Not unlike rooting for a football team. You have all the faith in the world that your team will make it to and win the super bowl. Why? You just do - a matter of faith.
That's a very honest admission.
That's a very honest admission.
Vindicating Gore and increasing his chances for a 2nd presidential nomination...
He was right, he was there!
"In other words, they don't know WTF killed the dinos. And the don't really know when they lived, but they're sure they did. They think."
Yup. And after many more decades that will still be the situation because no one was there to see it for themselves.
Perhaps its a fact of life on an ever-changing planet.
I would go with the simple notion that a meteor that large could have created a caldera where it hit. Then, in a relatively short period of time the caldera would have erupted in a supervolcano, wiping out all nearby traces of the meteor hit.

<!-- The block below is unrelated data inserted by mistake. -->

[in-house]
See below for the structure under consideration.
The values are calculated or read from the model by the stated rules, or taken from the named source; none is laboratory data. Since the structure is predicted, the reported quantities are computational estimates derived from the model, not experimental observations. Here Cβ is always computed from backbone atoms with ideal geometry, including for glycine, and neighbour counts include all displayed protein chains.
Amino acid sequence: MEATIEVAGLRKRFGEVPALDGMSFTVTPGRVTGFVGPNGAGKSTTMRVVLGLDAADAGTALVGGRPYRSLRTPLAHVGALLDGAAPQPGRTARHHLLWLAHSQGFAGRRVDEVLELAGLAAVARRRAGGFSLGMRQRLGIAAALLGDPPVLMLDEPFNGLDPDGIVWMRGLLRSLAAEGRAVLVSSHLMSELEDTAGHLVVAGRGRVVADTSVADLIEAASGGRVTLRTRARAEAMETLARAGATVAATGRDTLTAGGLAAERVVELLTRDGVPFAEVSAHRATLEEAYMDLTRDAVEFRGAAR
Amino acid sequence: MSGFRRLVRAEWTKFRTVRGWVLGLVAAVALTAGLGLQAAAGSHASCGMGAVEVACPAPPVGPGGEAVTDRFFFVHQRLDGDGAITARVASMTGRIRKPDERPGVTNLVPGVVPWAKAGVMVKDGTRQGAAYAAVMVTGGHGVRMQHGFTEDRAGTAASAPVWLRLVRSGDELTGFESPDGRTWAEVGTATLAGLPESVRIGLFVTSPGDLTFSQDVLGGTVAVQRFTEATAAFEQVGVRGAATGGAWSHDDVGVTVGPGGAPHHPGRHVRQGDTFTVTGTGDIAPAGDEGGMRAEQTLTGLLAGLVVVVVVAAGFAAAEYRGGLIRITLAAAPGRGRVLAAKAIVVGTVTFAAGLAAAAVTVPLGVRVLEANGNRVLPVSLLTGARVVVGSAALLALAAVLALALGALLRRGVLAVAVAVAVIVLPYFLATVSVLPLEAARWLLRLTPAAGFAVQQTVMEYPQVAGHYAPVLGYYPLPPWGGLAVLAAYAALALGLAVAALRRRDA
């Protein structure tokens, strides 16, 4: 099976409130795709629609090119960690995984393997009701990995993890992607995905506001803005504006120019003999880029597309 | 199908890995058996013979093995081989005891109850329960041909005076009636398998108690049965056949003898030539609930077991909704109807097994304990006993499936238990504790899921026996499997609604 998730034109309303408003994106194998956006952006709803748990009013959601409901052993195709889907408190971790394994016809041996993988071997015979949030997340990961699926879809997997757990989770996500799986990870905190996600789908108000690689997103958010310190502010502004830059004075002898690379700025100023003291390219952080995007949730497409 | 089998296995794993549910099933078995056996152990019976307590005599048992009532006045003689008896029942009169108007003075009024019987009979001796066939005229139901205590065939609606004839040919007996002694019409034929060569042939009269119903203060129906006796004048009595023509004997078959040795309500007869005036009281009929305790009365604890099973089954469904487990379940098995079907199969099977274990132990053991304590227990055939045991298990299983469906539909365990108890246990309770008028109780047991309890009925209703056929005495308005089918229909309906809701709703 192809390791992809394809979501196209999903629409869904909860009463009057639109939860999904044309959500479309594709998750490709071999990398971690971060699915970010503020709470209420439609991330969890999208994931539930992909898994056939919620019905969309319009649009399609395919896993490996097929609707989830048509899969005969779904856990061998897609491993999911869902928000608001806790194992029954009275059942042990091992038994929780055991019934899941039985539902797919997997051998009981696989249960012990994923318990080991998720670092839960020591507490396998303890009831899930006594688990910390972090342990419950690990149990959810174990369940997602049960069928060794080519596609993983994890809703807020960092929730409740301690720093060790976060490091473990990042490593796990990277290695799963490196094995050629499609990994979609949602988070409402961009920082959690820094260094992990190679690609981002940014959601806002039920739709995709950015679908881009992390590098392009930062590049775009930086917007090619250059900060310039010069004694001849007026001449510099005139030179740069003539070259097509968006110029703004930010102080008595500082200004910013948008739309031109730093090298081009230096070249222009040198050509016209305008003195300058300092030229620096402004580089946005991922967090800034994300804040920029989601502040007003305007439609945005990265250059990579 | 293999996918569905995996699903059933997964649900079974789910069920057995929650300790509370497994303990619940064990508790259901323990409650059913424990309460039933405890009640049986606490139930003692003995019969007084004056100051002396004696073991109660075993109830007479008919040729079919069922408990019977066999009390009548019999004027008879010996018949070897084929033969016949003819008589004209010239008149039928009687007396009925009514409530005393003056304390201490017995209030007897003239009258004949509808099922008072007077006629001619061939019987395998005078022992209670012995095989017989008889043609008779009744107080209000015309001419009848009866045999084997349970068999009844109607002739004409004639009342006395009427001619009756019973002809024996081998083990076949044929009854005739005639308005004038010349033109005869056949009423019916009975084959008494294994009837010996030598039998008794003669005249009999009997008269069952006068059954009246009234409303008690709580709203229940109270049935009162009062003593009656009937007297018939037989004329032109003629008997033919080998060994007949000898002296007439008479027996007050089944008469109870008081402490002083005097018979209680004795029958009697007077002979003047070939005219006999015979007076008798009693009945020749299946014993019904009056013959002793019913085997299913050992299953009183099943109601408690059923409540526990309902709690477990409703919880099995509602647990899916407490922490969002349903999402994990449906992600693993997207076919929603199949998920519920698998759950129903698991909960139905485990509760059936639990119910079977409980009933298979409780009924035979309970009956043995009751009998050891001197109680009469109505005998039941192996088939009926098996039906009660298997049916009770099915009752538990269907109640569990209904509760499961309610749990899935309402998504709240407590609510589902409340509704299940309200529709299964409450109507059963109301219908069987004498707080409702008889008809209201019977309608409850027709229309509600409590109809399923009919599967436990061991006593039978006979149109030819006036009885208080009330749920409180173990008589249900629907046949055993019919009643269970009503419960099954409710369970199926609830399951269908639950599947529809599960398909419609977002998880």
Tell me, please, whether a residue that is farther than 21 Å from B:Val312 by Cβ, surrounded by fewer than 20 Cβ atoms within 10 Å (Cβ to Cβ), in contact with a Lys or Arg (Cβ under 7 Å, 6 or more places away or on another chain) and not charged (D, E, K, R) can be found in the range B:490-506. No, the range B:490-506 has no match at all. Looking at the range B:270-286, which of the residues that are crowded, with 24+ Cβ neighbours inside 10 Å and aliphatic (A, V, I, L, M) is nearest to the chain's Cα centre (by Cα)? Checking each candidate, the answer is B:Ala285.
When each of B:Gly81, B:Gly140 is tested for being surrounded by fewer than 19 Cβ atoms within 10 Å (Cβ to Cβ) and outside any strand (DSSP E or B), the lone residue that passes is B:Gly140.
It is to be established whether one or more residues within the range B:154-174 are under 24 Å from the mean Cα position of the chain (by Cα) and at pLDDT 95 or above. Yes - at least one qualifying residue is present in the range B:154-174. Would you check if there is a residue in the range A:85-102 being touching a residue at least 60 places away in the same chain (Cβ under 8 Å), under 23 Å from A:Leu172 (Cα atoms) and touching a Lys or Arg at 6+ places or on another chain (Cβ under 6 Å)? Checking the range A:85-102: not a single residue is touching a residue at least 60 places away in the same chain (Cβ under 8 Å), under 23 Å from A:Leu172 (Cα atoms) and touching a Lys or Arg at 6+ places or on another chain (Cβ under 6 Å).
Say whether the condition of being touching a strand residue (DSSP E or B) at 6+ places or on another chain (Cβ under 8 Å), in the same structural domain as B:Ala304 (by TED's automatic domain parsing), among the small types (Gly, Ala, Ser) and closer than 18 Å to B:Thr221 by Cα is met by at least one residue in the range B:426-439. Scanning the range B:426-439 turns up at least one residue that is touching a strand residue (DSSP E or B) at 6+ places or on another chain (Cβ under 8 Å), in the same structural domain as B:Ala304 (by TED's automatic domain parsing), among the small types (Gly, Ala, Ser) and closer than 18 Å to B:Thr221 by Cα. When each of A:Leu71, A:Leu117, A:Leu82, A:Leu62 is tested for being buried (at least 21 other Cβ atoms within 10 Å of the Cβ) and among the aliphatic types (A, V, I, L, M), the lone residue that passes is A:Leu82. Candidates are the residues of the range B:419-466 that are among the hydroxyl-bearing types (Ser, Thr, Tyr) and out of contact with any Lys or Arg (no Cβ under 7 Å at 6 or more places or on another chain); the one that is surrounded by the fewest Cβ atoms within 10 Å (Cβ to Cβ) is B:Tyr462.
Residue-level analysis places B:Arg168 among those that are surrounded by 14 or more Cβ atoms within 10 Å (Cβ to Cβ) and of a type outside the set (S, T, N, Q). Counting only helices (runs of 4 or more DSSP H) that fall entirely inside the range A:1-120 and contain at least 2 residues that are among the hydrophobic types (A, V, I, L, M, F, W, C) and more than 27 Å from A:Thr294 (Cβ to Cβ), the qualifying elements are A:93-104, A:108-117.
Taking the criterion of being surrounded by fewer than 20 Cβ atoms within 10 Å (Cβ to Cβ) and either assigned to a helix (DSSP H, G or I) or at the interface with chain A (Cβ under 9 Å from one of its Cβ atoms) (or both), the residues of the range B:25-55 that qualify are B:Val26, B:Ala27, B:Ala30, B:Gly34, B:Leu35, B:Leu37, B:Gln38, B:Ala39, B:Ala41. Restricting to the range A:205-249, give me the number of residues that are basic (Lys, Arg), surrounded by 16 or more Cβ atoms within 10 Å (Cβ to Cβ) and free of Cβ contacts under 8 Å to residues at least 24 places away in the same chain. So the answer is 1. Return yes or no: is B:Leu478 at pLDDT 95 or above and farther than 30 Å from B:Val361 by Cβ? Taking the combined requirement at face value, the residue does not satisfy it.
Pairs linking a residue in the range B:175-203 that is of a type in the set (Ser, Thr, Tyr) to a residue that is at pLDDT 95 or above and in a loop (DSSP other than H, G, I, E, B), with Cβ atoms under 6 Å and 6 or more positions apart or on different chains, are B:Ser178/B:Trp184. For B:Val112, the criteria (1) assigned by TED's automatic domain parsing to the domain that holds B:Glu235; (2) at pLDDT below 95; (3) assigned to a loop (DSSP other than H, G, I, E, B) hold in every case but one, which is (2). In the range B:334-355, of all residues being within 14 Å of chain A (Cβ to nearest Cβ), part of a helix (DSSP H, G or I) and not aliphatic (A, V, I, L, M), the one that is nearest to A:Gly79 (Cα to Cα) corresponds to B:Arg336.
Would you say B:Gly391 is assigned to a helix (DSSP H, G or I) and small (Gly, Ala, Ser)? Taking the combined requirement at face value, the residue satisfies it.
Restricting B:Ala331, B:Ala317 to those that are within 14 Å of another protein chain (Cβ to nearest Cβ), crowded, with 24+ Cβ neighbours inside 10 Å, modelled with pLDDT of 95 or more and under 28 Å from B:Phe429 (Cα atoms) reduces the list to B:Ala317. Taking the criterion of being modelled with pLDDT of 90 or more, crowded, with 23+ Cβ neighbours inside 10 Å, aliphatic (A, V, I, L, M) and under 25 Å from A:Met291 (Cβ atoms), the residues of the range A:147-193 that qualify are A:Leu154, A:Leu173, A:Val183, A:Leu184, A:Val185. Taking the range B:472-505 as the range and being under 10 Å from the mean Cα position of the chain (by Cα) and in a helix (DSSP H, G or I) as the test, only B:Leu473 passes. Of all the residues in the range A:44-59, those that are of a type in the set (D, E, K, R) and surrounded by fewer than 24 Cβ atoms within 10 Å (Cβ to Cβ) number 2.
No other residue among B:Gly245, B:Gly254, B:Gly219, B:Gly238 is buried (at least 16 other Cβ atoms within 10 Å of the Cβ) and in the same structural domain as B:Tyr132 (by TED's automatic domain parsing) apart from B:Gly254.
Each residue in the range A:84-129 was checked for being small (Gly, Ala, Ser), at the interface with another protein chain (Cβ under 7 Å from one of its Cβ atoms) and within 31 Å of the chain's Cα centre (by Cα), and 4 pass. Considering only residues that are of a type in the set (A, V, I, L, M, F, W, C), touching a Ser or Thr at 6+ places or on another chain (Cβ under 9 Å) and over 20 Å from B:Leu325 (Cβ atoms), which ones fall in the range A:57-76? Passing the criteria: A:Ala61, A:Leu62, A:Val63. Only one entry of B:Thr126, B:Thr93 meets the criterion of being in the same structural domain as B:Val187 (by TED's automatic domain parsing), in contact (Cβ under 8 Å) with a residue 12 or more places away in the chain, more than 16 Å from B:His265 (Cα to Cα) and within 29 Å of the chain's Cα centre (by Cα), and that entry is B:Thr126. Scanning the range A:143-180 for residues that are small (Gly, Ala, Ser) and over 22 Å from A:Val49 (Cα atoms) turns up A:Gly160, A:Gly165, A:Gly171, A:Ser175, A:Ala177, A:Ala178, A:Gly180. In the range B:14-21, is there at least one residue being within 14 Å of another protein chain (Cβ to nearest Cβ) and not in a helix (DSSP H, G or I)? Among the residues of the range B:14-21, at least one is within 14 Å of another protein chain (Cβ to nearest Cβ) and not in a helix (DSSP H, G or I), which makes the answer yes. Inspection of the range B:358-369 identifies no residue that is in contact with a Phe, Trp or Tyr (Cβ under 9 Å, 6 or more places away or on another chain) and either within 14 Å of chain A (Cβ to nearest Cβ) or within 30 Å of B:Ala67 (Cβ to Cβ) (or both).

The location of that crater could be narrowed down by the only places on Earth without an Iridium layer attributed to that meteor.
There are lots of things I didn't see for myself. I never saw Thomas Jefferson. I've never seen the pyramids of Egypt, nor heard a single shot fired in the War Between the States. But I have no doubt that those things are/were real.
Genesis 7:11 In the six hundredth year of Noah's life, in the second month, the seventeenth day of the month, the same day were all the fountains of the great deep broken up, and the windows of heaven were opened.
12And the rain was upon the earth forty days and forty nights.
Was the Deccan event an asteroid impact? There was another massive lava event in Siberia. Was that also an asteroid impact?
eh, I should have read further down ... you beat my post (#48).